Study Guide

A Supermarket in California Sexuality and Sexual Identity

By Allen Ginsberg

Sexuality and Sexual Identity

What peaches and what penumbras! Whole families shopping at night! Aisles full of husbands! Wives in the avocados, babies in the tomatoes!—and you, Garcia Lorca, what were you doing down by the watermelons? (3)

While he feels so lonely that he must conjure up an imaginary friend, the speaker sees entire families shopping together at the supermarket. They provide a contrast to his situation. But then he imagines that he sees Garcia Lorca, another gay poet, shopping, too. Perhaps the speaker is not such an outsider here, if there are other gay poets around.

I saw you, Walt Whitman, childless, lonely old grubber, poking among the meats in the refrigerator and eyeing the grocery boys. I heard you asking questions of each: Who killed the pork chops? What price bananas? Are you my Angel? (4-5)

The speaker imagines that Whitman is hitting on the young male grocery clerks by asking slyly suggestive questions about the food for sale. It seems at first that the imaginary Whitman's looking for sex, but then he asks an incredibly sweet question. Maybe he's looking for love, too.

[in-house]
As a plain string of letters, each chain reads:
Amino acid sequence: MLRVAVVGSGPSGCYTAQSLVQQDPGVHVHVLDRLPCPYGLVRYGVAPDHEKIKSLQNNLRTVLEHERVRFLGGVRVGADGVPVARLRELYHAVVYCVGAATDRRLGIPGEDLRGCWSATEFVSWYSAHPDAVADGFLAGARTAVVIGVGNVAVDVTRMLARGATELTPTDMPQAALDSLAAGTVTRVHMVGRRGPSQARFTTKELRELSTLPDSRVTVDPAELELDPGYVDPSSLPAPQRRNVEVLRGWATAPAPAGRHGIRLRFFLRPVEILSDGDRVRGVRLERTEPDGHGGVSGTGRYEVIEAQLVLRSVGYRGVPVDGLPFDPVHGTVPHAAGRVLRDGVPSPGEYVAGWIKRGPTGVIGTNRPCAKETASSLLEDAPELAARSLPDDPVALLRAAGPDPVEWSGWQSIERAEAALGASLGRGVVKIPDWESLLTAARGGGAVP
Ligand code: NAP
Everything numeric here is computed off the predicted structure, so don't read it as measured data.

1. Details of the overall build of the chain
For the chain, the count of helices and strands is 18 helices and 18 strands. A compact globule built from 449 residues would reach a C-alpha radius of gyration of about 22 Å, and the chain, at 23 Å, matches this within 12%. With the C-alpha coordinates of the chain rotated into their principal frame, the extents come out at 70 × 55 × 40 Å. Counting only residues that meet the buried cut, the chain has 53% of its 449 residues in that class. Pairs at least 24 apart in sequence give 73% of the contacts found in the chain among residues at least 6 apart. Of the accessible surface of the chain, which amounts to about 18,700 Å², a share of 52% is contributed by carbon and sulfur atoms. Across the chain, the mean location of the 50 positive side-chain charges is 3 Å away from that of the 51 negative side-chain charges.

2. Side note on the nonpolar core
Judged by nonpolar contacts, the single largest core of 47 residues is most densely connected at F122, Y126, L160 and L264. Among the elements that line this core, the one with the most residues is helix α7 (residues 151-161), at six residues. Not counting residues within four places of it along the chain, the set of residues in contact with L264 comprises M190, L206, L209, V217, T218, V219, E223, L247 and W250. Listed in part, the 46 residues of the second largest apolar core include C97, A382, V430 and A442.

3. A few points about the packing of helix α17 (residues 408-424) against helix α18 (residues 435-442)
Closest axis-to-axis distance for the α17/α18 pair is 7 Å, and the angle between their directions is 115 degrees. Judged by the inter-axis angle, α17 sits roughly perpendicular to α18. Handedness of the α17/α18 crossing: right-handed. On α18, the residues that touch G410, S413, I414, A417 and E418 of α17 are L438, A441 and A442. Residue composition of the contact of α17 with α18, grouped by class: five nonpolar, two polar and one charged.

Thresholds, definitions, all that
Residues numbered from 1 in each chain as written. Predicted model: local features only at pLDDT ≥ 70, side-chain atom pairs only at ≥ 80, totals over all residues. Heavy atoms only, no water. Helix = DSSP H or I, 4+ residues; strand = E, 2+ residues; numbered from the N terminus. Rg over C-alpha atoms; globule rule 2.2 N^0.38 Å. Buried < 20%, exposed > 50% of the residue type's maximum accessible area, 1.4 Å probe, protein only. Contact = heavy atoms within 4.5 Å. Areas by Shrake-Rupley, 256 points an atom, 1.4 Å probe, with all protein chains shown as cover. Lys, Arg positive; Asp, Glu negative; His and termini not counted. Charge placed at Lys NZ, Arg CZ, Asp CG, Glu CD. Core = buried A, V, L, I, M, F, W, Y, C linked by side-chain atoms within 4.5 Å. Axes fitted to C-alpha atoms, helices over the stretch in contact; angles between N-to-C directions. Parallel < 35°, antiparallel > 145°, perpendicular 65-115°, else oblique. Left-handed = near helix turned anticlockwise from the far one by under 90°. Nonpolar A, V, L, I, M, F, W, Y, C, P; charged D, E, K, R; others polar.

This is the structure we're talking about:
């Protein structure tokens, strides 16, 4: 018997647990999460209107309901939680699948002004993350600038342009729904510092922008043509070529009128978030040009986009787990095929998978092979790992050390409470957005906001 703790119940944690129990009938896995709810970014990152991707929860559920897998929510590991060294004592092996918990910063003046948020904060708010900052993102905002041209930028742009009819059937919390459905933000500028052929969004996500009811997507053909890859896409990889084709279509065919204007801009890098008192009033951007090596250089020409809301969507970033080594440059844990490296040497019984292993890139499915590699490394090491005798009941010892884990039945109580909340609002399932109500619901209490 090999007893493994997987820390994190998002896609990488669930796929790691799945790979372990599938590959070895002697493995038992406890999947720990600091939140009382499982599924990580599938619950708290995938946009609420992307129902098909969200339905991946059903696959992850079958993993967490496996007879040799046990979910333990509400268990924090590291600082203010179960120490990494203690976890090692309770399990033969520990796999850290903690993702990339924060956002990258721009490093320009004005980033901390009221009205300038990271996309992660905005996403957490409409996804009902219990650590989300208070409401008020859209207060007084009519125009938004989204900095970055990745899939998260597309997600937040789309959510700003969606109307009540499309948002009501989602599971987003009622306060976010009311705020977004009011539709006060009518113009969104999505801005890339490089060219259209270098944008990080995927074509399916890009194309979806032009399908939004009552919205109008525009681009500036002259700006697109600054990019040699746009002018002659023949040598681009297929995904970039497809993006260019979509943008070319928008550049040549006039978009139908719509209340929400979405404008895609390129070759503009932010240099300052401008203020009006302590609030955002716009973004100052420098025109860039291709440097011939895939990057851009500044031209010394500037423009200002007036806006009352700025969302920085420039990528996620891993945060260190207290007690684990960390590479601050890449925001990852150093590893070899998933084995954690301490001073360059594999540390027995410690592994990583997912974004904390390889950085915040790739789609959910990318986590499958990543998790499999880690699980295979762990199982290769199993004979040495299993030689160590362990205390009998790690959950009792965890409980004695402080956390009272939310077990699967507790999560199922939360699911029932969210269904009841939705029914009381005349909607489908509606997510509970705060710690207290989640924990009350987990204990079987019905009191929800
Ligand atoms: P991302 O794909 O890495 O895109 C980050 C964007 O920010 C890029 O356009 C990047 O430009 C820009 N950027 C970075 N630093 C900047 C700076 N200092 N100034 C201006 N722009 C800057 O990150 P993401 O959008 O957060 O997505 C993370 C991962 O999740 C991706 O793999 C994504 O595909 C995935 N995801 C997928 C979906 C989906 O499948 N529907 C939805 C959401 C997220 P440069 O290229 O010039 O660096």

Will we walk all night through solitary streets? The trees add shade to shade, lights out in the houses, we'll both be lonely. Will we stroll dreaming of the lost America of love past blue automobiles in driveways, home to our silent cottage? (10-11).

The speaker asks a whole bunch of questions of the imaginary Whitman, and posits them both as lonely, even though they're walking together. They both seem like outsiders in this suburban world of nuclear families at the supermarket and "blue automobiles in driveways." The speaker asks about Whitman's "lost America of love," assuming that Whitman's 19th-century America was move loving (possibly meaning more open and accepting) than Ginsberg's.

Ah, dear father, graybeard, lonely old courage-teacher, what America did you have when Charon quit poling his ferry and you got out on a smoking bank and stood watching the boat disappear on the black waters of Lethe? (12)

Here, the speaker casts doubt on his earlier thoughts about the "lost America of love." We are left with an image of Whitman standing alone on the bank of Lethe, the river of forgetting. It seems like the speaker acknowledges that Whitman's America wasn't perfect, either. In America, both men are outsiders due to their sexual identities.

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